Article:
What was it like during the time when you began in the 1970’s?


I did not come to the cinema by chance. I studied ethnology at the Sorbonne. We had access to cinematographic equipment once a week and had to learn how to use it. I realized that in order to be more efficient, I should go to film school. That’s why I went to L'Ecole Louis Lumière, one of the best film schools in France, in Paris. I learned like everyone else—I was the only African woman there—how to handle a camera, and I became familiar with how to use the cinematographic equipment.


At the end of the first year, I dared to make a little film [La Passante]. It was mainly to put myself to the test, for me to know whether I had learned cinematography well or not. That is how I came to learn filmmaking; it was very easy during those years. I made the film in 1972. Right away, everybody began to talk: “There is an African woman who is making films.” It was easy for people to hear about me because I was the first to appear on the scene. It was by chance and by choice that I made this little film, a little film, rather intimist, that I made for myself. Afterwards, out of curiosity, people began to ask about the film.


Your film Mossane is very striking and very touching. It treats the themes of beauty, virtue, and sensuality. In many ways, the film language is very different from your other films, in the manner in which you tell the story. Could you talk about the themes of Mossane and its evolution? What inspired you towards the idea of Mossane?


All my other films were half-fiction, half-documentary. Since I worked with the rural population, it was not possible to arrange the community and its people to fit within the story line of my films.  Only in Mossane was I able to adapt the community and the people to the story that I had imagined.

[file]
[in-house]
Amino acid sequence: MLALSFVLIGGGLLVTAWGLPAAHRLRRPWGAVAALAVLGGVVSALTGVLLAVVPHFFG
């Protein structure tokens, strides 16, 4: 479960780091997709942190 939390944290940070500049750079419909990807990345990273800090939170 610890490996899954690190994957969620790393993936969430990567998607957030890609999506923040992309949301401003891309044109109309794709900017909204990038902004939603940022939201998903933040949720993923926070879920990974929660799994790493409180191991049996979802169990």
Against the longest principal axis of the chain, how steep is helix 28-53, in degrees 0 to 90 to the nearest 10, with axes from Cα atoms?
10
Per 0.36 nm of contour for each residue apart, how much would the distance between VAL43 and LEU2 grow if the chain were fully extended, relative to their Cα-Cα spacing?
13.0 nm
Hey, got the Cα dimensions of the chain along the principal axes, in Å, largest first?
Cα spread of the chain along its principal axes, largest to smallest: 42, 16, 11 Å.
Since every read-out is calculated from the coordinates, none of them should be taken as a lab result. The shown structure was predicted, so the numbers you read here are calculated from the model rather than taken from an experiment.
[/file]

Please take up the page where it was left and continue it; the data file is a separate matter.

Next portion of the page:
I don't know how a film is born.  It's an idea that comes and then I begin to work on it. I had been working on Mossane since 1982, I was while cooking, getting dressed, taking a bath, and everywhere I went. During that time, I made little films that were commissioned, which allowed me to earn a living. I don't know how Mossane was born. All that I know is that I have a daughter, my only child, whom I cherish. And perhaps because of these feelings I wanted to cherish Mossane and make her the most beautiful, the purest and most virtuous.

Some moments in the life and work of Safi Faye (ongoing and continuing)

1943 - Born in Dakar

1963 - Begins teaching in Dakar after receiving her teaching certificate

1966 - Served as a hostess at the Premier Festival Mondial des Arts Nègres, Dakar

1968 - Begins participation as actor in Jean Rouch's Petit-à-Petit traveling to Cote d'Ivoire, France, Niger, Switzerland, the film was released in 1970

1970 - Studies ethnology at the Sorbonne and Ecole des Hautes Études in Paris.

1972 - Begins studies in filmmaking at the Louis Lumière Film School, Paris.

- Completes student film, La Passante (The Woman Passerby). 10 min.

- Begins filming Kaddu Beykat (Peasant Letter).

1973 - Completes collective film, Revanche (Revenge). 15 min.

1975 - Release of film, Kaddu Beykat. 95 min.

Receives award at the Festival International du Film de l’Ensemble Francophone (FIFEF), Geneva, Switzerland.

1976 - Kaddu Beykat receives the Georges Sadoul Prize, France.

- Special award, 5th Pan-African Film Festival of Ouagadougou (FESPACO), Burkina Faso.

- International Film Critics Award, Berlin Film Festival, Germany.

- Daughter, Zeiba is born.

1977 - Completes studies in ethnology

1979 - Receives doctorate in ethnology

- Release of film, Fad'jal (Come and Work). 108 min.

- Selected for “Un Certain Regard,” Cannes Film Festival, France.

- Release of film, Goob na ñu (The Harvest Is In). 30 min.

- Spends the academic years from 1979-1981 at the faculty of the Freie Universität in Berlin as a guest professor

- Studies video production in Berlin, Germany.

- Begins film, Trois ans cinq mois (Three Years, Five Months).

1980 - Completes film, Man Sa Yay (I, Your Mother). ZDF production, Germany. 60 min.

Fad'jal receives award at Carthage Film Festival, Tunisia.

1981 - Release of film, Les Ames au soleil (Souls Under the Sun) commissioned by the United Nations. 27 min.

1982 - Release of film, Selbé et tant d'autres (Selbé and Many Others). «As Women See It» Series, UNICEF and Faust Films Production. 30 min.

1983 - Completes film, Trois ans cinq mois. Daad Production, Germany. 30 min.

Selbé et tant d'autres wins Special Prize, Leipzig Film Festival, Germany, and Vancouver Film Festival, Canada.